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Let’s begin with what made the Young Vic’s production of “A Streetcar Named Desire,” directed by ...

‘A Streetcar Named Desire’ Theater Review: Gillian Anderson, Ben Foster Take a Trip to Dollywood

By 19:03:00

Let’s begin with what made the Young Vic’s production of “A Streetcar Named Desire,” directed by Benedict Andrews, noteworthy: its revolving stage, designed by Magda Willi, with the audience seated in the round.

That “Streetcar” crossed the Atlantic to open Sunday at St. Ann’s Warehouse in Brooklyn, and the concept is a near disaster. Critics are usually given the best seats, but from where I was sitting at eye level with the actors, I couldn’t see much of Blanche’s entrance due to the sink and dish washer blocking my view. I completely missed seeing Stanley’s big “Stella!” moment thanks to that same sink and dish washer.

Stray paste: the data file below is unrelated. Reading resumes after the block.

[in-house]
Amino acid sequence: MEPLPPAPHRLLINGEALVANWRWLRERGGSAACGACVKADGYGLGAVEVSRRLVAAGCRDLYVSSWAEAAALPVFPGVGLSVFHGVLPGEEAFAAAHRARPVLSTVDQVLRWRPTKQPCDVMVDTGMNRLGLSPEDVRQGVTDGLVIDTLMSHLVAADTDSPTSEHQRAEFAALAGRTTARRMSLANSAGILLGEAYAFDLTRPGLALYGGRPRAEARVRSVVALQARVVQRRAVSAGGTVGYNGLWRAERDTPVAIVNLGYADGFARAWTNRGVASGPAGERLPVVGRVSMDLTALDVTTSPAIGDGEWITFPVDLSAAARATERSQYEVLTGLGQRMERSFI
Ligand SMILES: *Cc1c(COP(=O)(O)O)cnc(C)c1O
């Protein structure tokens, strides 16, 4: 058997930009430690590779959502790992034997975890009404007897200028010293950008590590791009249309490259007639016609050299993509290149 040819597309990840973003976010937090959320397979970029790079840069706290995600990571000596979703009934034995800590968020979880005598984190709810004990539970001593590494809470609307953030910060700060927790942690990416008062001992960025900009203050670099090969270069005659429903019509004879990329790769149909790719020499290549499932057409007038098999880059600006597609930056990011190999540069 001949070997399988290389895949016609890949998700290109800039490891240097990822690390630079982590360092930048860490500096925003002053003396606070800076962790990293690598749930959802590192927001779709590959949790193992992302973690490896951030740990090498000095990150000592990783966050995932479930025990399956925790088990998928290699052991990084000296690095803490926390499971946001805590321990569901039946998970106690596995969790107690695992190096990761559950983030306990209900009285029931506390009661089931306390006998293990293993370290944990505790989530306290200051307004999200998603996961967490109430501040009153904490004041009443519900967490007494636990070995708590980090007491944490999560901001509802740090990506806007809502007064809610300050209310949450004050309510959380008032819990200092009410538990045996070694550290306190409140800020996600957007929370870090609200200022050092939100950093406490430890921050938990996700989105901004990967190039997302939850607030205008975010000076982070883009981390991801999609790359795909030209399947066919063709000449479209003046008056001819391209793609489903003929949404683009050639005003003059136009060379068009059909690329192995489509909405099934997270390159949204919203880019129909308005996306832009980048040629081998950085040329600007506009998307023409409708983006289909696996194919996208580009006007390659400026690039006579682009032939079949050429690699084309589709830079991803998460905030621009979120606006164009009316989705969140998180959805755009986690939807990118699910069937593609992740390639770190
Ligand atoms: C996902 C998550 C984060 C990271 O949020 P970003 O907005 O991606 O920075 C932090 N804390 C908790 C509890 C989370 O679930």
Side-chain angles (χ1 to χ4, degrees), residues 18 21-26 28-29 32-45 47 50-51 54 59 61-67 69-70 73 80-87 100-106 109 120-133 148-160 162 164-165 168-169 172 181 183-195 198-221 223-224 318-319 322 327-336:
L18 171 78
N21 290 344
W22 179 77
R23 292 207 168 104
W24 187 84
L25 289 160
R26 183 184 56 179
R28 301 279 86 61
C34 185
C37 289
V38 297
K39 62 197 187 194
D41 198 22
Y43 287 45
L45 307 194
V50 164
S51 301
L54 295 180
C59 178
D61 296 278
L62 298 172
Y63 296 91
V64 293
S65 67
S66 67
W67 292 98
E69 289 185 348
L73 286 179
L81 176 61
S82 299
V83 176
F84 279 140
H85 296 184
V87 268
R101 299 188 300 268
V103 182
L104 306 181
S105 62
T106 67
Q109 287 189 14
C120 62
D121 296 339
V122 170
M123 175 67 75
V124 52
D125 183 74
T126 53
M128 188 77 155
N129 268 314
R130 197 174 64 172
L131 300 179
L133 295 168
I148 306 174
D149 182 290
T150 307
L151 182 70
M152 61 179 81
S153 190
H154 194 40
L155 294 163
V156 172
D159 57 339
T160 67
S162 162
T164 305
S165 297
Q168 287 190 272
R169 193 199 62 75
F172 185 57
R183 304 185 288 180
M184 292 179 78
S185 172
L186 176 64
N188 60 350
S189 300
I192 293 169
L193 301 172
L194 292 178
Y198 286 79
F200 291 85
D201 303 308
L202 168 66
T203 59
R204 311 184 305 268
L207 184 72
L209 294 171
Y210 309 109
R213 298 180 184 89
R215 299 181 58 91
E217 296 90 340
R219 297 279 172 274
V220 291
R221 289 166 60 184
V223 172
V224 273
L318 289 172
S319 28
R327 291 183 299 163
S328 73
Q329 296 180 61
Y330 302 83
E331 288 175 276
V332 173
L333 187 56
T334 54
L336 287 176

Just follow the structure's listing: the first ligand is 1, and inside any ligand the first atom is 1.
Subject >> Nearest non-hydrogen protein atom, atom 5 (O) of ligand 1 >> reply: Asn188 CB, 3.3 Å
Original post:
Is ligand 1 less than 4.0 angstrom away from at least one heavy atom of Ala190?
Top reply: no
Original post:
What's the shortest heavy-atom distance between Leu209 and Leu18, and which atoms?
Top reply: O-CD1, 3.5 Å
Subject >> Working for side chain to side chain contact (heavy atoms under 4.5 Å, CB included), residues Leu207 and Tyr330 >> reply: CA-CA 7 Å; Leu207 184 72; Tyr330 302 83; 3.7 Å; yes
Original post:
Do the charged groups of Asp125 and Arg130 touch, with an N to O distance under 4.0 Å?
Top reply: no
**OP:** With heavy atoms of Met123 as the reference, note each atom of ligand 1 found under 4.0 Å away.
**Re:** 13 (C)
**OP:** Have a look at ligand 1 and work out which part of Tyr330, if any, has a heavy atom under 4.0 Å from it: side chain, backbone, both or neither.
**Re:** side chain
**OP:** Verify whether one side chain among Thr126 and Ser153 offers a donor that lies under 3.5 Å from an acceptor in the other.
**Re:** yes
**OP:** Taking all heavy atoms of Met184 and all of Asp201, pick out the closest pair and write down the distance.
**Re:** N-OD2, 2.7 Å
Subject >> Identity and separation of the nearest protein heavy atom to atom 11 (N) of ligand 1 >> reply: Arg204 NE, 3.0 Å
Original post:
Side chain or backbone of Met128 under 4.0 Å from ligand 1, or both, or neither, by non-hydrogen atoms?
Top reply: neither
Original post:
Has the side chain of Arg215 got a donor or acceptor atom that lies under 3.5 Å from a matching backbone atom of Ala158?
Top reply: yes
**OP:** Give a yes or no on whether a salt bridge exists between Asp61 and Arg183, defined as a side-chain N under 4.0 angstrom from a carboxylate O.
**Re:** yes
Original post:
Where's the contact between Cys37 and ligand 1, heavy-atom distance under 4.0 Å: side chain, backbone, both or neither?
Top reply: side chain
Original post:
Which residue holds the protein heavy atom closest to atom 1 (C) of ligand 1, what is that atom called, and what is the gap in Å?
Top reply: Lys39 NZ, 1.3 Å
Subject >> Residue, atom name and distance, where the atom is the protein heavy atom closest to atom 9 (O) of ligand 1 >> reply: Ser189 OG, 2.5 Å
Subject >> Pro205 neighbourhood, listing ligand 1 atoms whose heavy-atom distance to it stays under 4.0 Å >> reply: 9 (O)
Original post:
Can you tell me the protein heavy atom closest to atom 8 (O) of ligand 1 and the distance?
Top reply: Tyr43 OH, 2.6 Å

Yes, the set revolves, which means that just when you’re getting involved in a scene something will come along to break your concentration, whether it is the shower curtain, the bathroom door, or Blanche’s imitation Louis Vuitton luggage.

After intermission, I retreated to an empty seat in the back row of the bleachers, which put me near the rafters. The experience was improved but not great. The best way to see Andrews’ revolving “Streetcar” is on HD, which is what I did last year at the Symphony Space. The production was recorded using multiple cameras, and tellingly, it’s edited so that whenever a kitchen appliance gets in your way or someone forgot to put down the toilet seat, the film cuts to another unobstructed viewpoint.

Regarding Andrews’s interpretation of “Streetcar,” let’s just say that the battle between Blanche and Stanley has been decided, and he’s the clear winner.

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